2. Getting From Idea to Story

Page 3 of 8 | Where Do You Get Ideas? | Many Shapes | Collect and Remember | Now What? | Writing Is a Process |
| Tools You Need | Plagiarism—Don't! | Brainstorm |

Collect and Remember
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The key to having a good pool of ideas is to be alert for them, and to collect them. Write them down! Keep them in one place!
Save your mistakes! Typos can be a great source of made-up words for the science fiction or fantasy (SF/F) writer. And slips of the tongue or eye can be valuable, too. I once misread a newspaper ad for "Realty School," a school for real estate agents, as "Reality School." Oops! I felt a little silly. But I remembered the slip, and out of it came a story about kids who learn to reshape reality—at "Reality School." (This story is now available in the low-cost ebook Reality and Other Fictions.)
Use your experiences! Whatever stage of life you're at, look back at things you remember. I looked back at my experiences as a high school wrestler when I wrote "Shapeshifter Finals." (Now available in the ebook Going Alien.)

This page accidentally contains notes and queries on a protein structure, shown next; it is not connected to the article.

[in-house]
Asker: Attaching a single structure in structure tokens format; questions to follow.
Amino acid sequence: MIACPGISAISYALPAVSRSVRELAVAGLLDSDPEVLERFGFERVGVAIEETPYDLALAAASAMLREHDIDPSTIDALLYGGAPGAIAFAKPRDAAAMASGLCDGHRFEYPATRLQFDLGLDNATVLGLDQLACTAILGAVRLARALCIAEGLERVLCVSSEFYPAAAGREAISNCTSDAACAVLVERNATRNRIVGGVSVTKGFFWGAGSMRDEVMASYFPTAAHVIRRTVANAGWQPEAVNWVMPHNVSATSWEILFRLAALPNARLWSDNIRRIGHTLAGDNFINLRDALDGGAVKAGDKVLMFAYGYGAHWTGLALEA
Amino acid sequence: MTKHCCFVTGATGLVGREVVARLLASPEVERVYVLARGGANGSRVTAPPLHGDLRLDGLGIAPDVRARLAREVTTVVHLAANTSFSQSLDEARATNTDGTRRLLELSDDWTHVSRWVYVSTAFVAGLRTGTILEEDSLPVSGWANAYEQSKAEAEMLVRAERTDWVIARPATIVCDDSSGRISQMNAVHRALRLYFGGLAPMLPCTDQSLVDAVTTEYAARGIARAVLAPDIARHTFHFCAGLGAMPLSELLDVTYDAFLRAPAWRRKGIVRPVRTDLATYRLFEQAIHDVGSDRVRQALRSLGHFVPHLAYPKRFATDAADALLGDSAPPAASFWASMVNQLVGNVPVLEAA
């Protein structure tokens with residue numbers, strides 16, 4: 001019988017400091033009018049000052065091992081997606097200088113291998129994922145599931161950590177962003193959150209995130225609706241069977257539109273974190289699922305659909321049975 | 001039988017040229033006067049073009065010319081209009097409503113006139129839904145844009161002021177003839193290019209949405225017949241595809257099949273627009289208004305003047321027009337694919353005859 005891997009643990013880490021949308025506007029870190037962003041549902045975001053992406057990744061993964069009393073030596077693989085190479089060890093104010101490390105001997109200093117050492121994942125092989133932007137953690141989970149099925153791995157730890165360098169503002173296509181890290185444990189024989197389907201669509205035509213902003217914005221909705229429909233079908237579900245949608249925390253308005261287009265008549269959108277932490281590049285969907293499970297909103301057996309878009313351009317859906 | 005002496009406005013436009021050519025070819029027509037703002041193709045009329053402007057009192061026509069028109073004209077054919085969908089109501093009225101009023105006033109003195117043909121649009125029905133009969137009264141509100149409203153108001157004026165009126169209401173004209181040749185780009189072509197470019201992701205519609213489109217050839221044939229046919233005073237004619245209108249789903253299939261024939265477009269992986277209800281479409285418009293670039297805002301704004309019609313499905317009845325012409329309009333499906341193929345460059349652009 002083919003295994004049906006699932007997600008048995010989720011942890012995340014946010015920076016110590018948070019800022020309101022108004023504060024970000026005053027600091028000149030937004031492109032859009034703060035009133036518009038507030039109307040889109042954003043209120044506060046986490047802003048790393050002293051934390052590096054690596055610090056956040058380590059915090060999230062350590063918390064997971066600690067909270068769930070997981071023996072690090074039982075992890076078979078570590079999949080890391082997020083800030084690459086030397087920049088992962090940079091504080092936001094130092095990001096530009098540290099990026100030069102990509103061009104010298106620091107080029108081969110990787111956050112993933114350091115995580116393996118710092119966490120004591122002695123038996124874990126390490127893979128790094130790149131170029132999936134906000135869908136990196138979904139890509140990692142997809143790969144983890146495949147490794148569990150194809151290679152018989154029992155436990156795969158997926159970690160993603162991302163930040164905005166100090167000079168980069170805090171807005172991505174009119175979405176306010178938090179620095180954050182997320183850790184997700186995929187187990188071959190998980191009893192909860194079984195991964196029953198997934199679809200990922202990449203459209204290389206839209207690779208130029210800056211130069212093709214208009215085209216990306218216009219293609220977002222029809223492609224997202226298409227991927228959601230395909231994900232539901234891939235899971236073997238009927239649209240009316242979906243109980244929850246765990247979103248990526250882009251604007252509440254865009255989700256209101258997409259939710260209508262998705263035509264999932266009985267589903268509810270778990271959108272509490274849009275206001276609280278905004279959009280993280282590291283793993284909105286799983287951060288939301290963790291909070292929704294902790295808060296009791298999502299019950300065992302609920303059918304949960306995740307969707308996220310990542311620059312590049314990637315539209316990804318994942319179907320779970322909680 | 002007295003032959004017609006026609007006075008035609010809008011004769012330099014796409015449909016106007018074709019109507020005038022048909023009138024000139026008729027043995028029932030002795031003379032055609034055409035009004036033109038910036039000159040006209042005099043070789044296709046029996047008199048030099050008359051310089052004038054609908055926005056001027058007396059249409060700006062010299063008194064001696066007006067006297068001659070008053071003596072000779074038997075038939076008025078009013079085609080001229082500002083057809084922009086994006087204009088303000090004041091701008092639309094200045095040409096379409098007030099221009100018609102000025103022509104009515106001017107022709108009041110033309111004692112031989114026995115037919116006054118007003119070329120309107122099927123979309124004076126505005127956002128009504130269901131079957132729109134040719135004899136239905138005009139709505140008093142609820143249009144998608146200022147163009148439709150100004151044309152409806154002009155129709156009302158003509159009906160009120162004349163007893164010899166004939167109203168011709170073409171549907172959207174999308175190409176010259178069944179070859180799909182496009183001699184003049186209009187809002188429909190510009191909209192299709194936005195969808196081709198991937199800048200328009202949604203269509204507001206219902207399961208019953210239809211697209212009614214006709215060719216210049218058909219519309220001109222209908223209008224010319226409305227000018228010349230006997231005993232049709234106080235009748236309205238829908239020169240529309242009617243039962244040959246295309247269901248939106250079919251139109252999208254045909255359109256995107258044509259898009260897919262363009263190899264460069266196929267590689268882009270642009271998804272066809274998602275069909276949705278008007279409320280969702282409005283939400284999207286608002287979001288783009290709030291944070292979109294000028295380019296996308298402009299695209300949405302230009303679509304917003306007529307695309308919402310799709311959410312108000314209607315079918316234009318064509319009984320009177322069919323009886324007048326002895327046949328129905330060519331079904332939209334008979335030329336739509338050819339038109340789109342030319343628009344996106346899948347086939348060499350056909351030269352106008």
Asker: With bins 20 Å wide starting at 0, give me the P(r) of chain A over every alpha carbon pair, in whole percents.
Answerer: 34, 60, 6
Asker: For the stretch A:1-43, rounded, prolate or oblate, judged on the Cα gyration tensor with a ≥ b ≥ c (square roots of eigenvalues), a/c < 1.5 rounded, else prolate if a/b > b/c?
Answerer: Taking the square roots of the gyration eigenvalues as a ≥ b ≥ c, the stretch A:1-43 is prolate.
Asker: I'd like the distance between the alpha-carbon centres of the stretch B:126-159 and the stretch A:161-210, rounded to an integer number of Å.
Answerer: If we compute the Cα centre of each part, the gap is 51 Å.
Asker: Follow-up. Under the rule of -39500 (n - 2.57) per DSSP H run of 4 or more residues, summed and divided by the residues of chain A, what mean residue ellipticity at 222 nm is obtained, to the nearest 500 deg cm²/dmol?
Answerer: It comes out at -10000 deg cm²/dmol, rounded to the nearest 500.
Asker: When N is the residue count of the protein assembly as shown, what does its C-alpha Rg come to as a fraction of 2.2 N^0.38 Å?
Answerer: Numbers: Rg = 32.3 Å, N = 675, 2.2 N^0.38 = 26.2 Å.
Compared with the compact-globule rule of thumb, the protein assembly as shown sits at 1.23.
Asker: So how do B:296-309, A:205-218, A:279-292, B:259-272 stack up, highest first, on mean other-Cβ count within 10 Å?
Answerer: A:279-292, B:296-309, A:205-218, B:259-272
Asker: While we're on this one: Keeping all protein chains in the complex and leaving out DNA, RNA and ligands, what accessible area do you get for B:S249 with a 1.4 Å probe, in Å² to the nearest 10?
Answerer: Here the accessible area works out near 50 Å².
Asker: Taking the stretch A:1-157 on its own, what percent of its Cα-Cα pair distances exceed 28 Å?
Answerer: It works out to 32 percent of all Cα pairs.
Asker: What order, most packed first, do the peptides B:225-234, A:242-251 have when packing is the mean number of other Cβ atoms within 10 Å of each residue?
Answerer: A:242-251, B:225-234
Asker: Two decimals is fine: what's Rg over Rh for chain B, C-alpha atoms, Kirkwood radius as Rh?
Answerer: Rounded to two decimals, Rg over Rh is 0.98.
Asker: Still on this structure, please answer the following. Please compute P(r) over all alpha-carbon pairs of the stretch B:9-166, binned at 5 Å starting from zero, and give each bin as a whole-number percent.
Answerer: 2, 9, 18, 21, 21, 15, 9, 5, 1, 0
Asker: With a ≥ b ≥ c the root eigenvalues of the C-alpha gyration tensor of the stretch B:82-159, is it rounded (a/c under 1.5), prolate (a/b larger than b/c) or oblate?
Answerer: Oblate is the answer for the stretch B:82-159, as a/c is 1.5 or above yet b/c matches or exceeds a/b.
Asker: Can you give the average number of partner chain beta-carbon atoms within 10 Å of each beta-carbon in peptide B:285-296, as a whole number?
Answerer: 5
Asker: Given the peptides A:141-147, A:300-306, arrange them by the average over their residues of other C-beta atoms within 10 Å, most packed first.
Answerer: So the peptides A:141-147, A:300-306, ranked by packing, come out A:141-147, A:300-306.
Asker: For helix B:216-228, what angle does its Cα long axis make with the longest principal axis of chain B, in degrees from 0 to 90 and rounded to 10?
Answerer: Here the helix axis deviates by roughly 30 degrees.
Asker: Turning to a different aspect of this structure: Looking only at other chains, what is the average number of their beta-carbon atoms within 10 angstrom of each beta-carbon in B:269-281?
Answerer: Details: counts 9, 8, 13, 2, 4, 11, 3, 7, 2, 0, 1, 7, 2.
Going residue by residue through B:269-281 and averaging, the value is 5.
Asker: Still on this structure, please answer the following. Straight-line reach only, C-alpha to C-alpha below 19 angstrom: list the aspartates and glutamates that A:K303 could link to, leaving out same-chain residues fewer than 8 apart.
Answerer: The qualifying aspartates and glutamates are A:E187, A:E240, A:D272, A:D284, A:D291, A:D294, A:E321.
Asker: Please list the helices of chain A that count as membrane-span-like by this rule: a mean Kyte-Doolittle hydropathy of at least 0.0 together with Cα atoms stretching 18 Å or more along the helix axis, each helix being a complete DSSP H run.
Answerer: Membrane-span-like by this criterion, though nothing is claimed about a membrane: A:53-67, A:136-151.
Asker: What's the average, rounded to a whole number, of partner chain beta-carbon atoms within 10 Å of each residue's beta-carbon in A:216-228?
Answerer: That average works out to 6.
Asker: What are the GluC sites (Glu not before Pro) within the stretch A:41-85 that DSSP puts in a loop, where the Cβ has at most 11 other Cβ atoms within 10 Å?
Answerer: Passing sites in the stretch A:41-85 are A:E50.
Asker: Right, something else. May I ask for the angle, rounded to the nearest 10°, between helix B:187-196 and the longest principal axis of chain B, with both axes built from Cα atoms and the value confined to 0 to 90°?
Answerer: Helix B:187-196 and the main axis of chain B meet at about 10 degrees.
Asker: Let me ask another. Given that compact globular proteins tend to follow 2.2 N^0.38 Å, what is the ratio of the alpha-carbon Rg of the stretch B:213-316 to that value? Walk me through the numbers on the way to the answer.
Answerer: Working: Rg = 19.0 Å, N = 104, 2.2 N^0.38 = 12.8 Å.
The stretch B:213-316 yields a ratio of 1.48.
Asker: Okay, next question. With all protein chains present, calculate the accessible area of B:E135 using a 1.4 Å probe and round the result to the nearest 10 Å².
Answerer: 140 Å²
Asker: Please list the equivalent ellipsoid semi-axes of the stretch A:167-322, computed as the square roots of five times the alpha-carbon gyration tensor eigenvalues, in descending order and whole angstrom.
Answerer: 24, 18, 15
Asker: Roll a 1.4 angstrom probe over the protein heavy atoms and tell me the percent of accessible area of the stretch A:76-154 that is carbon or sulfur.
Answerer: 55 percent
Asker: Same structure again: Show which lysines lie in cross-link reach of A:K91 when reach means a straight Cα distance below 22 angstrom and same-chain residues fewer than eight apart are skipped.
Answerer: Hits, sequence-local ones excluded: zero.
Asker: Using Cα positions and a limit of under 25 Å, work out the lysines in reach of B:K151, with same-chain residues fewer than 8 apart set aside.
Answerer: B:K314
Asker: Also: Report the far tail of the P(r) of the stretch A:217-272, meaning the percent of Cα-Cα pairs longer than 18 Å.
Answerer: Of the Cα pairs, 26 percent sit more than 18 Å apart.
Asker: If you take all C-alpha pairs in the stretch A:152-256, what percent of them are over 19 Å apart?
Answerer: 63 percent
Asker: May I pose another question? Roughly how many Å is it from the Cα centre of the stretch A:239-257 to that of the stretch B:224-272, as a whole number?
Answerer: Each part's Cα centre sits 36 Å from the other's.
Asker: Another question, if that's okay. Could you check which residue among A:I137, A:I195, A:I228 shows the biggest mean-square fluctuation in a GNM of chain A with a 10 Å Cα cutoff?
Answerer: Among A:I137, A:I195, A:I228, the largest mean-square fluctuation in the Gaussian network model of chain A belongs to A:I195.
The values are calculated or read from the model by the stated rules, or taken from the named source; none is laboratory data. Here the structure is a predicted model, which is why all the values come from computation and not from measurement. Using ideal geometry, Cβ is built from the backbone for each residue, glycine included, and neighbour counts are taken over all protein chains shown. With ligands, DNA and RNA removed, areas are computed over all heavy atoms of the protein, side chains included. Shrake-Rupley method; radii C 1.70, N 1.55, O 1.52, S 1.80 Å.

A fantasy writer I know, Craig Shaw Gardner, mines his childhood all the time. He wrote an entire humorous fantasy trilogy (the Cineverse series) that came straight out of his misspent youth, as he puts it, watching every trashy B movie that came along.

Revenge of the Fluffy Bunnies
In summary . . .dragon

• Read, read, read.

• Collect your ideas. Guard them like a dragon.

• Look for the unexpected.

• Write about what you know.

• Write about what you don't know, but want to learn.

• Use your dreams, interests, longings.


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May not be reproduced without permission of the author.
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